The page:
Occurring in mammary glands and closely associated tissues, breast cancer is the most common cancer observed in women. For example, in the United States, approximately 1 in 8 women (about 12%) will develop invasive breast cancer over the course of her lifetime. In terms of numbers, more than 276,000 new cases of invasive breast cancer are predicted to be detected among women in the United States in the year 2020. See also: Breast cancer and other breast disorders; Cancer; Oncology
Physical examinations and mammograms can be effective methods for early detection of breast cancer. Treatments for early-stage tumors include chemotherapy, radiation therapy, hormonal therapy, immunotherapy, and surgery (for example, lump removal or total mastectomy). In advanced or aggressive stages of breast cancer, though, women have fewer treatment options, and the risks of cancer metastasis (spread) to other areas of the body are significant in these stages. However, scientists have begun to utilize two experimental drugs—T-DXd and tucatinib—in separate trials that may prove to be effective treatment options for women whose breast cancer has spread to other areas of the body or has proven untreatable with other drugs. See also: Chemotherapy and other antineoplastic drug treatments; Immunotherapy; Mammography; Radiation therapy; Surgery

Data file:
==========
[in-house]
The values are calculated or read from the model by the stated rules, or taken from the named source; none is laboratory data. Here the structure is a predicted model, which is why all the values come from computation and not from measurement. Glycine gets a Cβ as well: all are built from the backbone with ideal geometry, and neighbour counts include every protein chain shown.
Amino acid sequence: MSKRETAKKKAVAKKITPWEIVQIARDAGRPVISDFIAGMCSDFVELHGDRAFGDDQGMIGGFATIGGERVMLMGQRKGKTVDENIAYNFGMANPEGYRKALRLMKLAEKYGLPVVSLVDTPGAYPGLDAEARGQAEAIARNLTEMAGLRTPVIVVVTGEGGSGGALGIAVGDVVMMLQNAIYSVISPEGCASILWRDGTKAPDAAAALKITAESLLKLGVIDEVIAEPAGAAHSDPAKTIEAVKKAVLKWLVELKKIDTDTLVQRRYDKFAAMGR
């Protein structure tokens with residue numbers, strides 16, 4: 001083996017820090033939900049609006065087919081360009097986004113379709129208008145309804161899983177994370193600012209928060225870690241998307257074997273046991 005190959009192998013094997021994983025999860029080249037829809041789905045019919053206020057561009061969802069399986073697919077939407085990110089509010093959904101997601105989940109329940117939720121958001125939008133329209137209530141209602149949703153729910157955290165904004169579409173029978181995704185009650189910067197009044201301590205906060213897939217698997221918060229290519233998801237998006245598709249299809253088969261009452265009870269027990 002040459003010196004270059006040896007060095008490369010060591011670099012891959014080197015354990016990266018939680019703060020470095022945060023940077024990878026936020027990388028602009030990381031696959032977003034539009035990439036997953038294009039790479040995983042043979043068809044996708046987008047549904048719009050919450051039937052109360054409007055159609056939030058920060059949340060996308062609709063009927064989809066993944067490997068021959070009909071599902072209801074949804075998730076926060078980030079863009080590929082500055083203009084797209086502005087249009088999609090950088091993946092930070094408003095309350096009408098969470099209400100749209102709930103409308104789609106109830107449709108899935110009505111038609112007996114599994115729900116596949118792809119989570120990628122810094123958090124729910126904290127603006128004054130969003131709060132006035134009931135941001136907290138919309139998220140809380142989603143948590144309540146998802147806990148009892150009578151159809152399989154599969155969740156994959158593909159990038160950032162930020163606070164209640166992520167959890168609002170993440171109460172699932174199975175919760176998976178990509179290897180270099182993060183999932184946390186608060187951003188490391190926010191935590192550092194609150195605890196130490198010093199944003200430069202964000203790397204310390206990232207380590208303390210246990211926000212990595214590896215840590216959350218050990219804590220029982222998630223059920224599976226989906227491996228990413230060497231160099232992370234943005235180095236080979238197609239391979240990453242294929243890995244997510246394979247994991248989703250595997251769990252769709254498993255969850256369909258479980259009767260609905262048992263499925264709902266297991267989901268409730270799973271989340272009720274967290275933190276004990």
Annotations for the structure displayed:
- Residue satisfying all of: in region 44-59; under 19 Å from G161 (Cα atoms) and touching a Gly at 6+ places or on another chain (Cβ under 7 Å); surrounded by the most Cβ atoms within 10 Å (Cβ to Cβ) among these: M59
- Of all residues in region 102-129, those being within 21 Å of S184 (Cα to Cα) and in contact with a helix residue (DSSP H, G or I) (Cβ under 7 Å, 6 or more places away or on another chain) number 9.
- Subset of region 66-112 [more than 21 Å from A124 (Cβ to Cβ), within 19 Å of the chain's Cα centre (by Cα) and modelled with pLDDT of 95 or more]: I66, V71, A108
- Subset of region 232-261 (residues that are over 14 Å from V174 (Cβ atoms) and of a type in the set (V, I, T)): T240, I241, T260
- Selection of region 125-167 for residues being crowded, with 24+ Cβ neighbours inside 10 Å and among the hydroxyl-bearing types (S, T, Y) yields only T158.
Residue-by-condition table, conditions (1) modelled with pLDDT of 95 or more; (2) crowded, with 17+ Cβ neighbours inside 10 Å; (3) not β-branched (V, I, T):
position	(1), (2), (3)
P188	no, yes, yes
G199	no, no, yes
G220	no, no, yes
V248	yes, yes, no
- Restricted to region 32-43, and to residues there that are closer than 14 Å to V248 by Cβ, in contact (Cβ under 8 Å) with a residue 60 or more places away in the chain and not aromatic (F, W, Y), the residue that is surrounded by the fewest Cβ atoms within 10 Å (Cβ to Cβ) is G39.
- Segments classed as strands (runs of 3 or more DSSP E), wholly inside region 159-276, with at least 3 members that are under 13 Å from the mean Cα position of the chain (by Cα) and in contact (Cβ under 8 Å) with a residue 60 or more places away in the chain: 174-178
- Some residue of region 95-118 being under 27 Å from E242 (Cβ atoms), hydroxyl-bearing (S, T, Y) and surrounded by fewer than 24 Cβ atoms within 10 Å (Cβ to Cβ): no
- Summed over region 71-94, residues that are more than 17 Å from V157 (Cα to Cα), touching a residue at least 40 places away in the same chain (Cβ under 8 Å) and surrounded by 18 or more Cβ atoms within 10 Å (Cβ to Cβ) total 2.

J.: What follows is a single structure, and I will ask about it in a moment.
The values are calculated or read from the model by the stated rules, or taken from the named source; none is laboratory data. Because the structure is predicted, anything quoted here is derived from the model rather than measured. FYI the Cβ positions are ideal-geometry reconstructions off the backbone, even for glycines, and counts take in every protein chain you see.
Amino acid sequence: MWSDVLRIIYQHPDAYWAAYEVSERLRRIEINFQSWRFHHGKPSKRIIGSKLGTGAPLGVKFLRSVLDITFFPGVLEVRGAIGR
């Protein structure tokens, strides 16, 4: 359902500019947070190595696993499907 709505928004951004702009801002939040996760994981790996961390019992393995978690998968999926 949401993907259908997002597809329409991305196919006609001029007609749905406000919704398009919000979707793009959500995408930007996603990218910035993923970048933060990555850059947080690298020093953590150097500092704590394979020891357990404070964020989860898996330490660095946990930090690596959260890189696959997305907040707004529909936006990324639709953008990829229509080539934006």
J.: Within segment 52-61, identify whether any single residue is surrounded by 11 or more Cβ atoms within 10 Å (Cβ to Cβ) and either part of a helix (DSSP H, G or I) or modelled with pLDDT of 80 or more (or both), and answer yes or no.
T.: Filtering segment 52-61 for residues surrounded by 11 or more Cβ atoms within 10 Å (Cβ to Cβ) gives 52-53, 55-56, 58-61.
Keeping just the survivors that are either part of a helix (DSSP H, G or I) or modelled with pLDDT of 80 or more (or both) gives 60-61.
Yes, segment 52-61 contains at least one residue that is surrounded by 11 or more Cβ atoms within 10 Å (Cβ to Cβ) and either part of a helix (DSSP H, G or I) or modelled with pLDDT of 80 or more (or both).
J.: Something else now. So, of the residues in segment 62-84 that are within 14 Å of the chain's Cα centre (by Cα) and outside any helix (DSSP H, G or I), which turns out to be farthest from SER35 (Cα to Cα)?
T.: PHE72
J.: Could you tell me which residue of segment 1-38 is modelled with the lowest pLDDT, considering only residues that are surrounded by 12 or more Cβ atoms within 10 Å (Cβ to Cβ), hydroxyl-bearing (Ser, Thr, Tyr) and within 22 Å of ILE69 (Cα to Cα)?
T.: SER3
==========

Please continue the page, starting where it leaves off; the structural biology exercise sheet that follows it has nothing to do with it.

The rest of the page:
In one study, more than 250 women with aggressive HER2-positive breast cancers were treated with T-DXd. Women with HER2-positive cancers have a cell-surface protein called HER2 that is generated by an overactive cancer-promoting gene. The T-DXd chemotherapy drug was remarkably effective in reducing the prevalence and size of cancerous HER2 tumors. In particular, tumors in 61% of treated women shrunk by at least 30%, and no cancer was detected in 6% of patients following the treatment regimen. However, side effects related to the use of this drug were notable, including lung inflammation, low blood-cell counts, anemia, nausea, or fatigue. Researchers hope that the simultaneous use of anti-inflammatory drugs could alleviate these problems. See also: Tumor
In the second study, the drug tucatinib was effective in attacking HER2 tumors that had spread from the breast to the brain. In more than 600 cancer patients whose general prognosis was poor, tucatinib was observed to halt the worsening of initial brain tumors and to prevent further spreading of cancer cells into the brain. In particular, about 45% of patients receiving tucatinib for more than two years continued to live (in contrast to 75% of patients not receiving tucatinib who lost their lives to HER2 cancer). Similar to the T-DXd study, though, various side effects were noted, including nausea, fatigue, diarrhea, and minor liver dysfunction.
The companies sponsoring the use of T-DXd and tucatinib are seeking approval to conduct further trials in the United States, Europe, and Japan. If results continue to be positive, the two drugs might prove beneficial for many women facing aggressive forms of breast cancer.